After Barack Obama’s 2008 election as the nation’s 44th president, the Tea Party movement sprang up, as did increasingly shrill assertions that the president was a socialist, a communist, a Muslim and more. Gun-rights advocates fretted that the new administration would impose draconian gun controls, while others insisted that the president wasn’t born in America and therefore was in office unlawfully.
Philadelphia Daily News senior writer and Media Matters for America senior fellow Will Bunch decided to investigate what gave rise to this vociferous movement. He traveled throughout the country, attending Tea Party and other conservative gatherings and interviewing activists. He talked to people such as right-wing Georgia congressman Paul Broun and Oath Keepers founding member Celia Hyde. He went to the semi-annual Knob Creek Machine Gun Shoot in Kentucky and to Phoenix, the epicenter of the nativist anti-immigration movement.
What Bunch learned is the subject of his third book, The Backlash: Right-Wing Radicals, High-Def Hucksters, and Paranoid Politics in the Age of Obama, which goes on sale on Tuesday. He spoke to Hatewatch on the eve of the book’s release:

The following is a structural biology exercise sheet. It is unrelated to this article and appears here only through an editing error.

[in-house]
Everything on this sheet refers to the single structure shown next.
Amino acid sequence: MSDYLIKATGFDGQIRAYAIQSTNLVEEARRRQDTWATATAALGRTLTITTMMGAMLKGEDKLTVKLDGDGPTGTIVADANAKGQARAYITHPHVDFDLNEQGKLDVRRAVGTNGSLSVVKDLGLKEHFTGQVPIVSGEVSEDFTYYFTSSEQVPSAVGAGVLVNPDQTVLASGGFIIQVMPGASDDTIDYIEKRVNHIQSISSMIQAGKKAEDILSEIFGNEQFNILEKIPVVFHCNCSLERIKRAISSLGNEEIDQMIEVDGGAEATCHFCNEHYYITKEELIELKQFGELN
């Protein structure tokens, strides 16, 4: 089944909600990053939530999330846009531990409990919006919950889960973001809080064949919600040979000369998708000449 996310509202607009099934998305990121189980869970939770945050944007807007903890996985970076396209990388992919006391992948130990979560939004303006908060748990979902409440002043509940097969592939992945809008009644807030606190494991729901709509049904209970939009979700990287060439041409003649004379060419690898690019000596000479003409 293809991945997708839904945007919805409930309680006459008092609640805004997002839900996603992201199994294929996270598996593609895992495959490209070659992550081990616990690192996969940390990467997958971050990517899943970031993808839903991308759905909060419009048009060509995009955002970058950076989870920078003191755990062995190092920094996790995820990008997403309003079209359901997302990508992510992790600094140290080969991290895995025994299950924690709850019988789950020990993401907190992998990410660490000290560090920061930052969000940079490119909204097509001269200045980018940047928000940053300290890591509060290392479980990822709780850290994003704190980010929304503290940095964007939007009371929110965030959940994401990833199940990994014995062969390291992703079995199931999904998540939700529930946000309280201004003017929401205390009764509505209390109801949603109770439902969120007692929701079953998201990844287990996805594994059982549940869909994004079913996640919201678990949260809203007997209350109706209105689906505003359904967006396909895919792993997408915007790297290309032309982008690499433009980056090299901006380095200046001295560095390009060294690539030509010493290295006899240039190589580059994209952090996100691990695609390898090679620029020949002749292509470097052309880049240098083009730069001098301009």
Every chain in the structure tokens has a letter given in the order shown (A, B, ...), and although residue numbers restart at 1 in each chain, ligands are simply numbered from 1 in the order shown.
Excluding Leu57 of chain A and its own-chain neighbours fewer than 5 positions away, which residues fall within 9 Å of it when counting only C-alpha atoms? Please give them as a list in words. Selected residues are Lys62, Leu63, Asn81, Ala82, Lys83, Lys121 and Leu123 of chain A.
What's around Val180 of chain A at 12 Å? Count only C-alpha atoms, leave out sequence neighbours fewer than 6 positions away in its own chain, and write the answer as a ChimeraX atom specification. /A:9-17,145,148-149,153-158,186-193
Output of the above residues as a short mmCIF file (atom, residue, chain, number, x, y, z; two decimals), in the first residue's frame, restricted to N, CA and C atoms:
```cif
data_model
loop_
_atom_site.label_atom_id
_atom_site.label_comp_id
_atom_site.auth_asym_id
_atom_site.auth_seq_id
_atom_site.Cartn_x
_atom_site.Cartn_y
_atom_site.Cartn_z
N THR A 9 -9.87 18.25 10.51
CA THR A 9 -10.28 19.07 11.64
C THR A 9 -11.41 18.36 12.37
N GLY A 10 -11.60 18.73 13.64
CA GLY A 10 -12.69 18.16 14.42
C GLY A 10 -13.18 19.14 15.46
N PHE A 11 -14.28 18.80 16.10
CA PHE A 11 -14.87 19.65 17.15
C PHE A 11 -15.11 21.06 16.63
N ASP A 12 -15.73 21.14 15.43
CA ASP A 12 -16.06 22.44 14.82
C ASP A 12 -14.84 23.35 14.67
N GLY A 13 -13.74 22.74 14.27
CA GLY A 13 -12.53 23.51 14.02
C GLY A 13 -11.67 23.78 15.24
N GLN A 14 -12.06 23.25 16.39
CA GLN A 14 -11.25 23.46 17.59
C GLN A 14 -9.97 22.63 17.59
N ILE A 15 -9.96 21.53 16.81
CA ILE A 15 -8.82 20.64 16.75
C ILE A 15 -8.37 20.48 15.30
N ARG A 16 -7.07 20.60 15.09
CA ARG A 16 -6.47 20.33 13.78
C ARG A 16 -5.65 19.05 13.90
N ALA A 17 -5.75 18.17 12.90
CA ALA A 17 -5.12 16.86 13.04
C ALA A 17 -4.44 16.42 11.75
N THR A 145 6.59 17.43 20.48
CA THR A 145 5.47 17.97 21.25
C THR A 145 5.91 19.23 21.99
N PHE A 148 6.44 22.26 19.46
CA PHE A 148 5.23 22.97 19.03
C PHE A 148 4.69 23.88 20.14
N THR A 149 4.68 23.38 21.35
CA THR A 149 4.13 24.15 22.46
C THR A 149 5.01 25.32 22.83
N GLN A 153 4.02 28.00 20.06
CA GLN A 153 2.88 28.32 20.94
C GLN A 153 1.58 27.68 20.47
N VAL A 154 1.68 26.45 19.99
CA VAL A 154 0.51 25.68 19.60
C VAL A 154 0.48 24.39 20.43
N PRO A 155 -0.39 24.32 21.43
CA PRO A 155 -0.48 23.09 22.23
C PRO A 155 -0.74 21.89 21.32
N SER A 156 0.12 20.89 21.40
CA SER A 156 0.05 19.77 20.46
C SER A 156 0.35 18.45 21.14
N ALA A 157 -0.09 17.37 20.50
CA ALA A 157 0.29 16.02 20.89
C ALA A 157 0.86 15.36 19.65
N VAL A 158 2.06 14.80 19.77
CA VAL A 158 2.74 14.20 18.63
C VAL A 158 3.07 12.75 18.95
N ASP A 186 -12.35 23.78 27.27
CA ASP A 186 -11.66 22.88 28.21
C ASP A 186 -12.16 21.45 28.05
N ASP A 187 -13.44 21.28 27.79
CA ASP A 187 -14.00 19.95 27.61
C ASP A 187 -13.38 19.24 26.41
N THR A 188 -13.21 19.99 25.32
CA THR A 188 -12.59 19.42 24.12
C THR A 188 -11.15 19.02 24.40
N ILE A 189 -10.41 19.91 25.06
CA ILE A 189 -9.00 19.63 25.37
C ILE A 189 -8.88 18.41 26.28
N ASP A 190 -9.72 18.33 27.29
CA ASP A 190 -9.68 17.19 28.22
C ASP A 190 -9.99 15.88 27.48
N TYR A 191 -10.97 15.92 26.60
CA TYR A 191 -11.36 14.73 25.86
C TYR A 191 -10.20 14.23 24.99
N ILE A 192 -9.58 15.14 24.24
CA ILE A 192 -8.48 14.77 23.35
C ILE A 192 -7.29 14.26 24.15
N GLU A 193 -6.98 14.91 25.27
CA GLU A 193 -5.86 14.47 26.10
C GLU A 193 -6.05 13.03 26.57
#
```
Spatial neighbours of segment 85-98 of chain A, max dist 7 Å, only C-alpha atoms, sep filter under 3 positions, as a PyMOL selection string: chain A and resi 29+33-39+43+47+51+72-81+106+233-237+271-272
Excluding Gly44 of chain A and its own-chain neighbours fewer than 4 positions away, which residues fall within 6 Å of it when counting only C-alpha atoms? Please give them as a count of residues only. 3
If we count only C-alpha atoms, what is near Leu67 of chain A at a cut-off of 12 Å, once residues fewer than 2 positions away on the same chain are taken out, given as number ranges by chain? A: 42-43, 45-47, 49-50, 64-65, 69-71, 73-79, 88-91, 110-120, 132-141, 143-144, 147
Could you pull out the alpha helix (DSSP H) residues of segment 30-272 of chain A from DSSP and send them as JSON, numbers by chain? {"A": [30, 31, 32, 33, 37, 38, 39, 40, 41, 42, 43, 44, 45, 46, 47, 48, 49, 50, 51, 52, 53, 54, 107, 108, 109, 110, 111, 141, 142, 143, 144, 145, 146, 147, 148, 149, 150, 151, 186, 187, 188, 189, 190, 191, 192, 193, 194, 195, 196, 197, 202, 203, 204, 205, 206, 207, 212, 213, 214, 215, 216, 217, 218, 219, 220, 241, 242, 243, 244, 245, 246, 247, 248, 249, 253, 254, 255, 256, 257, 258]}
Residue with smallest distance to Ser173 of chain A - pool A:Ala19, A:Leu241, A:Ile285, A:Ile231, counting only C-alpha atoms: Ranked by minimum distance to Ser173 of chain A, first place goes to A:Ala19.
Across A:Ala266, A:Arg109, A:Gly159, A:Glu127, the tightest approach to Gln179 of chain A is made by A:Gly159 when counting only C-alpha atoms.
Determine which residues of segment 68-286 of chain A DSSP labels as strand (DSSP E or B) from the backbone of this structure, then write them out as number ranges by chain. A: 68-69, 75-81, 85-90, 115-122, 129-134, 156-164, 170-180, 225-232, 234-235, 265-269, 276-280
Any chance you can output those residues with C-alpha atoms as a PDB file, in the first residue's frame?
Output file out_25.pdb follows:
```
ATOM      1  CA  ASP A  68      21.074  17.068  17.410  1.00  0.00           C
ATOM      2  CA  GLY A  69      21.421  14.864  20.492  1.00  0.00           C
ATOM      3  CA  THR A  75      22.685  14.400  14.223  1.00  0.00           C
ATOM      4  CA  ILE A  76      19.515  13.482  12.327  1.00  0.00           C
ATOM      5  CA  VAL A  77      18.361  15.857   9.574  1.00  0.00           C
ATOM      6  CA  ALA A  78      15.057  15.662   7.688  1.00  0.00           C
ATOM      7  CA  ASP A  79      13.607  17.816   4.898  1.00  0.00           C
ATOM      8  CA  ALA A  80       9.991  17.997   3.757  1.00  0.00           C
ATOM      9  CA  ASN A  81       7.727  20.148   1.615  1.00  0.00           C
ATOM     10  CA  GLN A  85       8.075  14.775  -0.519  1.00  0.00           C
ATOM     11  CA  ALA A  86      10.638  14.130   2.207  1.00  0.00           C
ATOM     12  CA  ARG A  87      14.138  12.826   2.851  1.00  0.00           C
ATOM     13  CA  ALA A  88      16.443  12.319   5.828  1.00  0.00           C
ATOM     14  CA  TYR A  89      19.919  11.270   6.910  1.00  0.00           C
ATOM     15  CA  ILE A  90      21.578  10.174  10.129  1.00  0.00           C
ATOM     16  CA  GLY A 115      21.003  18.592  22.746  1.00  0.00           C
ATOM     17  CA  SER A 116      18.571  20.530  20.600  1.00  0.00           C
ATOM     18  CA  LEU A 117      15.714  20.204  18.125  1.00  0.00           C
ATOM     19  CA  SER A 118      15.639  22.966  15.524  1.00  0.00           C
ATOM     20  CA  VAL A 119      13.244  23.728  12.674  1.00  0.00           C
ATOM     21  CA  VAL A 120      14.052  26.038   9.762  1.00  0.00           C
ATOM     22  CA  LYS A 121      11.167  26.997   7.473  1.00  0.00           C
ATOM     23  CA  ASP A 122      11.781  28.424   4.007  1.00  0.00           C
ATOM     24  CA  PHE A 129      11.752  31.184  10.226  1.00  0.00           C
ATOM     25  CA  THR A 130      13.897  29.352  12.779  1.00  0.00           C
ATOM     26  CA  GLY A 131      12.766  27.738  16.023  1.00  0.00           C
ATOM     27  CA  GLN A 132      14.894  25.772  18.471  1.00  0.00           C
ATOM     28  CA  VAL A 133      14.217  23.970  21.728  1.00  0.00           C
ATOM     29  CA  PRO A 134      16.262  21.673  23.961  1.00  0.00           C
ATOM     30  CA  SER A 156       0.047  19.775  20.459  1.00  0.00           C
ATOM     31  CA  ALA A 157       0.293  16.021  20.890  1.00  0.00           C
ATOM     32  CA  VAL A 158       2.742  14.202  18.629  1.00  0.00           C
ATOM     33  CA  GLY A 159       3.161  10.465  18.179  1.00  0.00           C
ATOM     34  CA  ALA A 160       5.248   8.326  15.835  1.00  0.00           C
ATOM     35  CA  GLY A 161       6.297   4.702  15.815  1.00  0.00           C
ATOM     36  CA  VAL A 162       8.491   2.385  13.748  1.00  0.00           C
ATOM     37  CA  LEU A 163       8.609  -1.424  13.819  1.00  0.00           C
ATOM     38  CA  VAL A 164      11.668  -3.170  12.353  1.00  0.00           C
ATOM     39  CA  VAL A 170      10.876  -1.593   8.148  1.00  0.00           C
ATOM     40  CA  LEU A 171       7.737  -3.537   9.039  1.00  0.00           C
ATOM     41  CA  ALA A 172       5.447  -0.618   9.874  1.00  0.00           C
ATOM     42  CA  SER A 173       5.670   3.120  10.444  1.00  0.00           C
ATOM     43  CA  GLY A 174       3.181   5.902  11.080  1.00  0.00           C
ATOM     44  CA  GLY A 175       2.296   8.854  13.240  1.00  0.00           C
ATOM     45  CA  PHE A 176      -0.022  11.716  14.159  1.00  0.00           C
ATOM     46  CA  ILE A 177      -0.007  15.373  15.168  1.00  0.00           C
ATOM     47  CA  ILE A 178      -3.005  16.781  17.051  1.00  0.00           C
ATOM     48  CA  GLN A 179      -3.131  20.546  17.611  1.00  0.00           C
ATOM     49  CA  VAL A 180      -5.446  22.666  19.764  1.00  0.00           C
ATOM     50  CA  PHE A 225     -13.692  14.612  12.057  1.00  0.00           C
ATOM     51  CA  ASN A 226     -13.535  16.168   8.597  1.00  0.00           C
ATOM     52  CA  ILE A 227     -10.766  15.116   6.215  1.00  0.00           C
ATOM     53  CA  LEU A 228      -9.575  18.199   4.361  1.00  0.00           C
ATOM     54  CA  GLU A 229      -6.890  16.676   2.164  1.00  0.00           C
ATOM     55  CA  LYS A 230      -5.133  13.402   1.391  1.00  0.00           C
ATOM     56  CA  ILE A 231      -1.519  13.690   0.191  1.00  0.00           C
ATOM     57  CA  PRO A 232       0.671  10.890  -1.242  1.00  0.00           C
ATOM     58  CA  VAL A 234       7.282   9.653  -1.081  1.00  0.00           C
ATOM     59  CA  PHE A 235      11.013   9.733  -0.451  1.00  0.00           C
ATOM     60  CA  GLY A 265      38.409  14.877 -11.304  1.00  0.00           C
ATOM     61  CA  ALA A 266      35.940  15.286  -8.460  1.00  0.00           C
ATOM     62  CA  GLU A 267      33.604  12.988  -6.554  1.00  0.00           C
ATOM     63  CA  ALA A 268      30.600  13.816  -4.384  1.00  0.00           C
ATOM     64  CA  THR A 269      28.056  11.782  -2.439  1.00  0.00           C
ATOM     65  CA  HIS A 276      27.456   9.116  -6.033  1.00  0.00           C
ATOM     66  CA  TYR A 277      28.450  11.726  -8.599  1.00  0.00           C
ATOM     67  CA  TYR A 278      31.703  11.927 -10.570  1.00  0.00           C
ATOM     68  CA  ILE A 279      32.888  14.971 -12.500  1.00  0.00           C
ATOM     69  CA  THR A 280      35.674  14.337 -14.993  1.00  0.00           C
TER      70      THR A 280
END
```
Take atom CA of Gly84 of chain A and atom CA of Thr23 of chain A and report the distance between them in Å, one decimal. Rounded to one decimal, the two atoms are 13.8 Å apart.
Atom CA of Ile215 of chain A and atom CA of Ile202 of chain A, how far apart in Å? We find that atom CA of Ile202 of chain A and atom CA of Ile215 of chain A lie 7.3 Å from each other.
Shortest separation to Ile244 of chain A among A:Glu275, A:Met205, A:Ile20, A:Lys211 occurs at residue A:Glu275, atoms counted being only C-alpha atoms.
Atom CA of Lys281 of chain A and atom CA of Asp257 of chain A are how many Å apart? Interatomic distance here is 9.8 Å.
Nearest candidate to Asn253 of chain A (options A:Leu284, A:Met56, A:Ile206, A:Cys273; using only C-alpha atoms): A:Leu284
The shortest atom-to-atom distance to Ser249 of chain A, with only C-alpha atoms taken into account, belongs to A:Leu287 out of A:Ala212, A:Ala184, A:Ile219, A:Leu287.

Why did you choose this topic for a book? Was there a particular event that was a catalyst?
In the waning days of the 2008 campaign, I was fascinated with the rise of Sarah Palin and the drift of the American conservative movement into a kind of blissful know-nothingness about everything from big issues like climate change to Barack Obama’s religion and where he was born. I thought Obama’s supporters of “change” were really calling out for a return to reason. Thus, it was stunning to see the angry and often irrational forces gain strength and influence in those first months of the Obama presidency. And as a career journalist, I thought this was a kind of a story of a lifetime that I wanted to hit the road and latch onto as this backlash was unfolding.
Have you seen anything in the past comparable to the accusations against President Obama, such as that he wasn’t born in the United States, he’s a socialist, and so on?
The first presidential race I covered was in 1984 as a reporter for The Birmingham News in Alabama, watching Jesse Jackson tilt at the windmills of the Reagan revolution before the first-ever “Super Tuesday.” Clearly, the increasing ideological polarization of the two parties — triggered by the shift of the Deep South to the GOP during the ’80s, when I worked there — has made over-the-top demonizing of the other party more of a reality. The seeds were planted with some of the crazier talk about Bill Clinton, things like accusing him of murdering his aide Vince Foster.